Documentary Feature
The only question that seems relevant at this point is "can anything beat O.J.: Made in America?"...

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Best Tweets on the Globe Nominations

Feel free to suggest others in the comments...


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'If Ever I Would Leave You,' List-Making... It wouldn't be in November

On this day in history as it relates to the movies...

1859 Billy the Kid, future legendary outlaw, is born. He's been played in movies and TV by actors like Buster Crabbe, Hugh O'Brian, Paul Newman, Clu Galager, Val Kilmer, and perhaps most famously by Kris Kristofferson, BAFTA nominated for Pat Garret and Billy the Kid (1973)
1887 Boris Karloff, villainous movie icon (Frankenstein, The Mask of Fu Manchu, Scarface, etcetera) is born
1888 Harpo Marx is born

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Swing Tarzan Swing: Disney's 1999 Animated Take 

We've reached the penultimate episode of our Tarzan series. Now sailing into Disney wilds...

by Nathaniel R

For over half a century in film and television storytellers didn't think Tarzan needed an origin plot but when the movies told it (Greystoke, 1984), it was as if everyone had always wanted to. Why not Disney then? Disney hadn't quite run out of classic fairytales to adapt by the mid-nineties but they were shifting their focus to boys. This was arguably due to their gargantuan back-to-back biggest-ever successes of Aladdin (1992) and The Lion King (1994), two animated features that deviated from their princess focus. Enter Hercules and then Tarzan. Neither were girly fairytales but both were still firmly embedded in fantasy and heightened enough for musical numbers.

Sort of.

By the time Tarzan rolled into town, Disney executives had clearly begun to wonder if audiences were done with the musical part of their Animated Musicals because Tarzan is only a musical in the sense that non-diegetic adult contemp ear worms keep popping up. They arrive without warning, with all the subtlety of a slasher movie jump scare.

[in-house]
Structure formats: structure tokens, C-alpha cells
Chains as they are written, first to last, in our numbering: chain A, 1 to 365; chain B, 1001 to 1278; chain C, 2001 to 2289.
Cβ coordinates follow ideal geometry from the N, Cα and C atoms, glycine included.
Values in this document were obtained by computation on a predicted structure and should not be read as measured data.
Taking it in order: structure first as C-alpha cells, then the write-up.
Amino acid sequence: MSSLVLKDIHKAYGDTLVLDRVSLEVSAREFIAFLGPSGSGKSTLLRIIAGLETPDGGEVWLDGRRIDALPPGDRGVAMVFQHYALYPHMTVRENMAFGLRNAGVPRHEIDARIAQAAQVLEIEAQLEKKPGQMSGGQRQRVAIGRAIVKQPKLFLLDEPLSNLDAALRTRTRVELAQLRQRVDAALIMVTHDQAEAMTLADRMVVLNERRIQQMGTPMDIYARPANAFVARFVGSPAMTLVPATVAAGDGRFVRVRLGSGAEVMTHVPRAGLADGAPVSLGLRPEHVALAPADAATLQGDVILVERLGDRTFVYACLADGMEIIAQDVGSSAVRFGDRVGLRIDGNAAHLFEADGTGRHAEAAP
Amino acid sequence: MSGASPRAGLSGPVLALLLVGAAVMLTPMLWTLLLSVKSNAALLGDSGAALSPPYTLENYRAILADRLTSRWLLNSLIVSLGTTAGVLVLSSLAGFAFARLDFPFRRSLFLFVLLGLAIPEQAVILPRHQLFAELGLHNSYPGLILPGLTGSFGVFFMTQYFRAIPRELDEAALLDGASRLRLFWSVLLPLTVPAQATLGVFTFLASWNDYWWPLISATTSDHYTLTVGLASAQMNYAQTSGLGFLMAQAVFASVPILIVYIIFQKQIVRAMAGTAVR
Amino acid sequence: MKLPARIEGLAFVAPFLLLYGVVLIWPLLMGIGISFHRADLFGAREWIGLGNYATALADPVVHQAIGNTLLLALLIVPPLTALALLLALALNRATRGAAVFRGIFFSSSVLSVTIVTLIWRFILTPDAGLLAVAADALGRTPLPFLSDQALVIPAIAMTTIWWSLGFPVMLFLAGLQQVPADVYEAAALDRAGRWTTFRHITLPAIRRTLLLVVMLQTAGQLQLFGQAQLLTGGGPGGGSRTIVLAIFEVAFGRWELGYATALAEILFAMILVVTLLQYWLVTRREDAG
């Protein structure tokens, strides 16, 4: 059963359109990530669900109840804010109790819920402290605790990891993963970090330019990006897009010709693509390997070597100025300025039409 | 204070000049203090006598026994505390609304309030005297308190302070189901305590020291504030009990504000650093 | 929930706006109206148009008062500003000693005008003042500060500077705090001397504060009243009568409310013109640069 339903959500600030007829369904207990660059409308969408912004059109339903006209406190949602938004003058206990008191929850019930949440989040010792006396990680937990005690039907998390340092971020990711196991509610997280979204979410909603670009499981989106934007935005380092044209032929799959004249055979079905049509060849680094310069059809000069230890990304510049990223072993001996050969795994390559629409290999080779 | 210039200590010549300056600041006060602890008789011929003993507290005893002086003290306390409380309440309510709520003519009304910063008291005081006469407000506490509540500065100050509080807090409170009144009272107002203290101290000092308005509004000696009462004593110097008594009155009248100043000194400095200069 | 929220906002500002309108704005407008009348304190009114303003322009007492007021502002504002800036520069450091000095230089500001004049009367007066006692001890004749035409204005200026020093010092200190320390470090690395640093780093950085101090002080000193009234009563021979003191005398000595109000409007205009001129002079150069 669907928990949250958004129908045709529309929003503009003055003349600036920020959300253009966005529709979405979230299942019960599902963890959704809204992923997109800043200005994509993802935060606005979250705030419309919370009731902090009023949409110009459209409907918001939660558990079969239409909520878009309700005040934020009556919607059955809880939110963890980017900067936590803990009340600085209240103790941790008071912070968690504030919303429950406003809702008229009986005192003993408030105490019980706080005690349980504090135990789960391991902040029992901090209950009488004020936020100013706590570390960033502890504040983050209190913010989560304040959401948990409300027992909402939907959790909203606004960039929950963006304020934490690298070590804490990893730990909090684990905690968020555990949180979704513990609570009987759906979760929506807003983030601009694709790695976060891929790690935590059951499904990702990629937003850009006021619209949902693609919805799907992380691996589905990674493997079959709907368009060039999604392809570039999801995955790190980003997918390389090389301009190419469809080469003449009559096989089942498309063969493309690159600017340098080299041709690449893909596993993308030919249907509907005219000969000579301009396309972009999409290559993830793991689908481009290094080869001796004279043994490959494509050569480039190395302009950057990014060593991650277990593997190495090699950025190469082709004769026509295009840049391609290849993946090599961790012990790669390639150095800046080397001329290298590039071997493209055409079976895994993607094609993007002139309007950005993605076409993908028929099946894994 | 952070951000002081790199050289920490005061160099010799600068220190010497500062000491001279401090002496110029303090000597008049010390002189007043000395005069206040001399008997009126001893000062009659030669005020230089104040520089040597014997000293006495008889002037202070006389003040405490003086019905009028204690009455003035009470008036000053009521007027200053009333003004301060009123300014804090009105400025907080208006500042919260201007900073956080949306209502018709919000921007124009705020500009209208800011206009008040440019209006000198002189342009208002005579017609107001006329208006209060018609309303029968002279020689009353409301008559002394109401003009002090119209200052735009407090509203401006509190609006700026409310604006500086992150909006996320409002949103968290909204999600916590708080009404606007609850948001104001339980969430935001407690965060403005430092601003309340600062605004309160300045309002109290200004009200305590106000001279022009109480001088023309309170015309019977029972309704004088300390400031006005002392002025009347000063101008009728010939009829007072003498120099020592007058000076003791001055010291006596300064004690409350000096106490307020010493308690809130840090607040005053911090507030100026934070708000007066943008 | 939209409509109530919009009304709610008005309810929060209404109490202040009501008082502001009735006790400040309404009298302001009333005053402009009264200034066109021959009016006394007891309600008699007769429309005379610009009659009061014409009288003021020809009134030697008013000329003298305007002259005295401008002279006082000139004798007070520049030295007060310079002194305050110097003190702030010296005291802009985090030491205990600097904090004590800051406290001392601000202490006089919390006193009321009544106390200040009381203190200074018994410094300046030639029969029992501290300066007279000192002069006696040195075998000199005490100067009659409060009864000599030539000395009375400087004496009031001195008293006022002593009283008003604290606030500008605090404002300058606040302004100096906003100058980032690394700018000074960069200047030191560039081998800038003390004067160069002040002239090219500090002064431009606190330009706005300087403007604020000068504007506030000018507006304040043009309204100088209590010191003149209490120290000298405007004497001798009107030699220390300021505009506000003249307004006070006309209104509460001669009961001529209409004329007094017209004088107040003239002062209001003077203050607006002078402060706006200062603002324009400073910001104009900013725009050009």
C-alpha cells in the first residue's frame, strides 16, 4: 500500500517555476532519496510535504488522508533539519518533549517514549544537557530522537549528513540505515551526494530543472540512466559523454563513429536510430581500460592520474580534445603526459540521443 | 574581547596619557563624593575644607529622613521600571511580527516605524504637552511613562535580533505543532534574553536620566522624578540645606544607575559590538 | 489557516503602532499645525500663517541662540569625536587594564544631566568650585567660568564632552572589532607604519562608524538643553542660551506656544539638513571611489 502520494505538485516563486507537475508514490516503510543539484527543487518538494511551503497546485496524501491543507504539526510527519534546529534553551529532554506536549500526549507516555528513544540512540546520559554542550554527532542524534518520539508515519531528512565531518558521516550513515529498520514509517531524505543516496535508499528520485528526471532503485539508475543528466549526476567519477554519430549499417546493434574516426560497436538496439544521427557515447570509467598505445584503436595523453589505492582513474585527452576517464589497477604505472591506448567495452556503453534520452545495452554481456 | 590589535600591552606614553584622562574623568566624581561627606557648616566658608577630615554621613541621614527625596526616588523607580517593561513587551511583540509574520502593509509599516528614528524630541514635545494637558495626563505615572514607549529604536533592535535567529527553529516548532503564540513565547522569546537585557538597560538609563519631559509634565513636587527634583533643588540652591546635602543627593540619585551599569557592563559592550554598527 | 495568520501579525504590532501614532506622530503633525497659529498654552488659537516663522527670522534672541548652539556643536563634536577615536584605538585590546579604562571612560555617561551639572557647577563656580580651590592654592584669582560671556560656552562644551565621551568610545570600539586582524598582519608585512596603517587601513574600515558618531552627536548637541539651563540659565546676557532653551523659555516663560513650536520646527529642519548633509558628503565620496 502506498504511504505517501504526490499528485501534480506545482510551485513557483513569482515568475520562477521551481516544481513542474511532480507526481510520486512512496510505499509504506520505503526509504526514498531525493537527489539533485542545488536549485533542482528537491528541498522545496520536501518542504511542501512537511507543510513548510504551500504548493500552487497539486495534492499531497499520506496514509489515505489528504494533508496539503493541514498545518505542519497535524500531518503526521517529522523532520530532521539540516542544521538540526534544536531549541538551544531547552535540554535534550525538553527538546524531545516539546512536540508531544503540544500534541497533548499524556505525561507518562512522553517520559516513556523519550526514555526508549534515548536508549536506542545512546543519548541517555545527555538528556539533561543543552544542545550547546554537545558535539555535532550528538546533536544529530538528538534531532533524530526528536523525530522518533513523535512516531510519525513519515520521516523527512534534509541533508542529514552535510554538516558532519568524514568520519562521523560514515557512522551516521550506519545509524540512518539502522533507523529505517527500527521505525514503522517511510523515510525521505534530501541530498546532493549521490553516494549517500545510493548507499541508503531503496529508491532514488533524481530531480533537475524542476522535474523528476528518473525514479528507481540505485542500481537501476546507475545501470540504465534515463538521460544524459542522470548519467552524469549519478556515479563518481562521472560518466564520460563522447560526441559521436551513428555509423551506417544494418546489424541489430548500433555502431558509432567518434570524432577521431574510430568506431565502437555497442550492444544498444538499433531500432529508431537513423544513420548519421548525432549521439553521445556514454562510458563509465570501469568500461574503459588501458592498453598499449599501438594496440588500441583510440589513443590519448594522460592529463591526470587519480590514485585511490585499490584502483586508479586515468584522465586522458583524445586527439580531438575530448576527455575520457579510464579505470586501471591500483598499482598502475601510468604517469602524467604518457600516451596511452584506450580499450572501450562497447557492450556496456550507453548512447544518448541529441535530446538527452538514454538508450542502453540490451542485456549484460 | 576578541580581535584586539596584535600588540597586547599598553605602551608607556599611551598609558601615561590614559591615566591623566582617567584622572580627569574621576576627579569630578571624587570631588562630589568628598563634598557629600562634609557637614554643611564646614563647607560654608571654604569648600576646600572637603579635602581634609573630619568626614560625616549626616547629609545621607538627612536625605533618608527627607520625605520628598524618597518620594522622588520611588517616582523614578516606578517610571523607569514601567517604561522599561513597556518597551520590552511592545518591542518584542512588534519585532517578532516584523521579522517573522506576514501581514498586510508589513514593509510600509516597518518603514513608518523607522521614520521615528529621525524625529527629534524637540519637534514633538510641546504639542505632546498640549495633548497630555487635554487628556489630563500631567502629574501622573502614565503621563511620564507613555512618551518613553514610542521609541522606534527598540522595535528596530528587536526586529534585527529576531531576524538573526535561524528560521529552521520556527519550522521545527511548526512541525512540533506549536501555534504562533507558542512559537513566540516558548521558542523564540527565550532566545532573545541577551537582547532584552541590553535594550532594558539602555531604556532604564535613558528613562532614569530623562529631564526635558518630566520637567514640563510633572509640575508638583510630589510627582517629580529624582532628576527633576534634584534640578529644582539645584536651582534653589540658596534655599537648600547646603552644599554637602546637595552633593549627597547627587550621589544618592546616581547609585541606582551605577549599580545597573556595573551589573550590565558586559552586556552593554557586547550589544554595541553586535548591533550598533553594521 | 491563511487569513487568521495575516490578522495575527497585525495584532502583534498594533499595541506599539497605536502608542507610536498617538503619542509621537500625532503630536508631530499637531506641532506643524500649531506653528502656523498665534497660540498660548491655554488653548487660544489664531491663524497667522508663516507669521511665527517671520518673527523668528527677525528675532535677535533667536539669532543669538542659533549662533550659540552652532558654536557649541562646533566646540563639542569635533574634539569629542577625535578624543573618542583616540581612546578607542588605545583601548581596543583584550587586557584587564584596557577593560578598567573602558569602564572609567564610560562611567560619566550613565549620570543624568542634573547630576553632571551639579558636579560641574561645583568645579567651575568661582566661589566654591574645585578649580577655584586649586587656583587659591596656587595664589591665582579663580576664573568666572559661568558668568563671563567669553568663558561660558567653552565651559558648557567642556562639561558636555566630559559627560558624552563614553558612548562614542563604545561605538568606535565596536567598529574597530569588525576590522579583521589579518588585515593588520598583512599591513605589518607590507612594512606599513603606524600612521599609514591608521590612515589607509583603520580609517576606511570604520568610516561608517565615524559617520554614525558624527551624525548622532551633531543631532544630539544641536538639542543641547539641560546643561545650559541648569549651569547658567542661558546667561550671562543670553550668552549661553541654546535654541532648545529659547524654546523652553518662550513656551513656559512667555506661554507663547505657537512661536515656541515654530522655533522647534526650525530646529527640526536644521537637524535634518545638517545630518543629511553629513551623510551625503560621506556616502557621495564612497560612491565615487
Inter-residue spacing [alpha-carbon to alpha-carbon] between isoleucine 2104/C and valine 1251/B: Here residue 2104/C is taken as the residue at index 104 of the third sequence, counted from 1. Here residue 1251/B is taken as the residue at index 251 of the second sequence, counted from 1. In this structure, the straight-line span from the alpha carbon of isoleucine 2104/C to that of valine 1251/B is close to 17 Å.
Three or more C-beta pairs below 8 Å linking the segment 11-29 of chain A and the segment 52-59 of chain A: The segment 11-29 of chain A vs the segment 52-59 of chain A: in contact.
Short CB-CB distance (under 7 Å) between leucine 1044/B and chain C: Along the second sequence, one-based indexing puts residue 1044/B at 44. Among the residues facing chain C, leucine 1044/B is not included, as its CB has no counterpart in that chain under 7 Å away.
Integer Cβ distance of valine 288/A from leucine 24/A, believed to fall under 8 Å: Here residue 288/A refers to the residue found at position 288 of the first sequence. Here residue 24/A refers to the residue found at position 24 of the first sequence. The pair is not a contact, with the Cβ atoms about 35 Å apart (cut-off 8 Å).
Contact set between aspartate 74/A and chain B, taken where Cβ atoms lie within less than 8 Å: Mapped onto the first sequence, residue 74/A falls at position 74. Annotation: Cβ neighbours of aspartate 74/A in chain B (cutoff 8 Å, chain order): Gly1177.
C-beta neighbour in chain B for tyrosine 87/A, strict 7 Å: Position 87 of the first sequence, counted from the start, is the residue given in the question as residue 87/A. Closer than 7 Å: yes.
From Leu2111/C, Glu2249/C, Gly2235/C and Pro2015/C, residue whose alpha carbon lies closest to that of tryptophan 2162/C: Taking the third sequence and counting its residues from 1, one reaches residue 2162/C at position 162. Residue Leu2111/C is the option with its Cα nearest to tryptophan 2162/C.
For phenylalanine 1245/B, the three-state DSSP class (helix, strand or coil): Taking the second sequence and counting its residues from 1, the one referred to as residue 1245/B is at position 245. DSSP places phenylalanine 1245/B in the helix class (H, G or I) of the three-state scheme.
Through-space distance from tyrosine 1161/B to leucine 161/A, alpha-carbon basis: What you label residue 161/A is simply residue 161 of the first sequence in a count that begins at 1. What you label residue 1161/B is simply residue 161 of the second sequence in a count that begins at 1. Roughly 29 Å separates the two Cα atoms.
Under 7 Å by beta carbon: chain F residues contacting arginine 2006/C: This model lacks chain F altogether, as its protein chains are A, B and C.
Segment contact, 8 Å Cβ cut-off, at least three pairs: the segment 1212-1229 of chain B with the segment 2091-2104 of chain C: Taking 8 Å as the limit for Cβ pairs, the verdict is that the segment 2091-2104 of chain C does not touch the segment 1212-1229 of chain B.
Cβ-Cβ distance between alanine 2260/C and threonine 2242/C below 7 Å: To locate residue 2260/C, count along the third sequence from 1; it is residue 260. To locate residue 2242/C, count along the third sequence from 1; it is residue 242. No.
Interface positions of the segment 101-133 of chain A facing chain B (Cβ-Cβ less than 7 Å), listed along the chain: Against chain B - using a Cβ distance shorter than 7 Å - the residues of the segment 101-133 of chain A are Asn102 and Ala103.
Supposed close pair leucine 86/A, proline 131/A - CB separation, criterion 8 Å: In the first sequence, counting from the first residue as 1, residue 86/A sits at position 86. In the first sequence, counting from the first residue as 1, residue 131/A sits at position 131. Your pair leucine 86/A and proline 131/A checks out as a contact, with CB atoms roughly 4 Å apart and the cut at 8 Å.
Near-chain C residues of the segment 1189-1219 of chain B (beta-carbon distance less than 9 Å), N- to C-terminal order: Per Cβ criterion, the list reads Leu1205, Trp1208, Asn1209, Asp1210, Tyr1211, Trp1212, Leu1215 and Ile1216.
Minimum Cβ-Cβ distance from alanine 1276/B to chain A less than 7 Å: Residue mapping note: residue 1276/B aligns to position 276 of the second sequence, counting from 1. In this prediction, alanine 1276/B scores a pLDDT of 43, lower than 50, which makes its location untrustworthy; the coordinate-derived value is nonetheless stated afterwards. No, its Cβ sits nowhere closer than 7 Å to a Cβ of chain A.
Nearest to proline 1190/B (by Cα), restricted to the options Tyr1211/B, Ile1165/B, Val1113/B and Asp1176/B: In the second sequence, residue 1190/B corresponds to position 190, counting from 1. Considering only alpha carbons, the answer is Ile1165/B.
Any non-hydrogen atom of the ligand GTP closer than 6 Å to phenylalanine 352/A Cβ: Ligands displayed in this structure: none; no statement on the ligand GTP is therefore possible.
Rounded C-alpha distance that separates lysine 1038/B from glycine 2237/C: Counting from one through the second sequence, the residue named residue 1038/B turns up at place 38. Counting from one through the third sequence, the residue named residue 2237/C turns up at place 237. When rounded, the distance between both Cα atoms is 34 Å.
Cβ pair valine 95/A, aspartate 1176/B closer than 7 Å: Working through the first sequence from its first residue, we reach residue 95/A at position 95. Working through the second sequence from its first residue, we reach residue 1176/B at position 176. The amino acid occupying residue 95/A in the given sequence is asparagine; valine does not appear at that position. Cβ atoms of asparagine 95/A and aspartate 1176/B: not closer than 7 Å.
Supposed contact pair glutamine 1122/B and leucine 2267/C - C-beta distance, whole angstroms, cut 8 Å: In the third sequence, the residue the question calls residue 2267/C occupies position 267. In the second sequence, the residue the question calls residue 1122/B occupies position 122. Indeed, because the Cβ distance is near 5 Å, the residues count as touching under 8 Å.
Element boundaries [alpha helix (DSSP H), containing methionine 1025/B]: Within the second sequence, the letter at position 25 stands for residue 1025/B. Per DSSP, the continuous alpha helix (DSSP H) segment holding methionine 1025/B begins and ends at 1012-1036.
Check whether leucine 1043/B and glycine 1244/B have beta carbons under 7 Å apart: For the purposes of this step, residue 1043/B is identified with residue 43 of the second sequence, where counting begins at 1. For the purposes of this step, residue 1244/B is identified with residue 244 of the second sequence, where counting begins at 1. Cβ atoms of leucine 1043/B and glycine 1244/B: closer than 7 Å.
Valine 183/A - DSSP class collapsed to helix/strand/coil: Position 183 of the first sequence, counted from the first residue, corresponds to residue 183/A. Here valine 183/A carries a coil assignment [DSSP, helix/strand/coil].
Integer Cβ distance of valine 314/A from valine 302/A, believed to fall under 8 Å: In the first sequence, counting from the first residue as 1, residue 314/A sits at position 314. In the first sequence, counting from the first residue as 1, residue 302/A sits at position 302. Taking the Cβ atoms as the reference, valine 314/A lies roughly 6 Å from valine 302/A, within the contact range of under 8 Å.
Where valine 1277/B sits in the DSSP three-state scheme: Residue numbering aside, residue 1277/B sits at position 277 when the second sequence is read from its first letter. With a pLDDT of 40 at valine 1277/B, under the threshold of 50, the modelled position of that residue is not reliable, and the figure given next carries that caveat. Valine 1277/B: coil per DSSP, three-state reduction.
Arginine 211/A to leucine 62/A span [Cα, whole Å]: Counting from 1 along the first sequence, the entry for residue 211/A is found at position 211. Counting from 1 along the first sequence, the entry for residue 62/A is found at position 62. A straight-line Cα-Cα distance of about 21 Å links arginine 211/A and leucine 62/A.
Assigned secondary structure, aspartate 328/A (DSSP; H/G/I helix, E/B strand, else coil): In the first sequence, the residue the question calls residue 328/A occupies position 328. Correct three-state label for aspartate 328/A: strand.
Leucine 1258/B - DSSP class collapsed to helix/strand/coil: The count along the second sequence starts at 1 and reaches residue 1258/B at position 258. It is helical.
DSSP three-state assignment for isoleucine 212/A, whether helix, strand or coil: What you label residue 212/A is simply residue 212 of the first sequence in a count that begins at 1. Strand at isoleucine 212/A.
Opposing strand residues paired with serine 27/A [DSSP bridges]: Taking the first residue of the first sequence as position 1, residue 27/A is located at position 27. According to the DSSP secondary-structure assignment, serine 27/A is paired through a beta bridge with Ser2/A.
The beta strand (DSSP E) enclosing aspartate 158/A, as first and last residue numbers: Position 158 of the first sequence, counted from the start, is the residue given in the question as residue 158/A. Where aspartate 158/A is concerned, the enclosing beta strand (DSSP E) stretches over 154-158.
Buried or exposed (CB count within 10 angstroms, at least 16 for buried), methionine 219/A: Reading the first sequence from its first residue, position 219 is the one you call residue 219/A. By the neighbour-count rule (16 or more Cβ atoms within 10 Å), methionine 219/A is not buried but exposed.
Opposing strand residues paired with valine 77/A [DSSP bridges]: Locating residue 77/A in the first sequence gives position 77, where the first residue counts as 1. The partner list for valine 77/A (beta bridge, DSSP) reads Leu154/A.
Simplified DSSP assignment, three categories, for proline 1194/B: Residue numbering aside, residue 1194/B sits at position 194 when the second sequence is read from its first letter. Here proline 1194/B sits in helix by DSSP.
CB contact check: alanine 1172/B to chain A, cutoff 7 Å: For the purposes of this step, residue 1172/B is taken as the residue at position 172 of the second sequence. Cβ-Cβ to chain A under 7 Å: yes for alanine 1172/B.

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On a Clear Day You Can See Anniversaries Forever

On this day in showbiz history...

1886 Spring Byington is born in Colorado Springs. Goes on to supporting actress glory in Hollywood including Marmee in Little Women (1933, her feature debut) and an Oscar nomination as the eccentric hobbyist mom in You Can't Take It With You (1938). Curiously her screen daughter in that best picture winner Jean Arthur, an even bigger star, shares her same birthday (for the year of 1900)
1888 Thomas Edison files a patent for the Optical Phonograph (an early step in creating the cinema)
1903 Author and screenwriter Nathanael West is born in NYC. Movies adapted from his work include Lonelyhearts (1958) and The Day of the Locust (1975)
1915 One of the world's most celebrated playwrights, Arthur Miller, is born. His classics include Death of a Salesman, The Crucible and A View From the Bridge. After marrying movie star Marilyn Monroe, he wrote The Misfits (1961) for her which would eerily (considering its elegiac tone) be the last film for both her and co-star Clark Gable and one of the very last for Montgomery Clift who was born on this same day in 1920...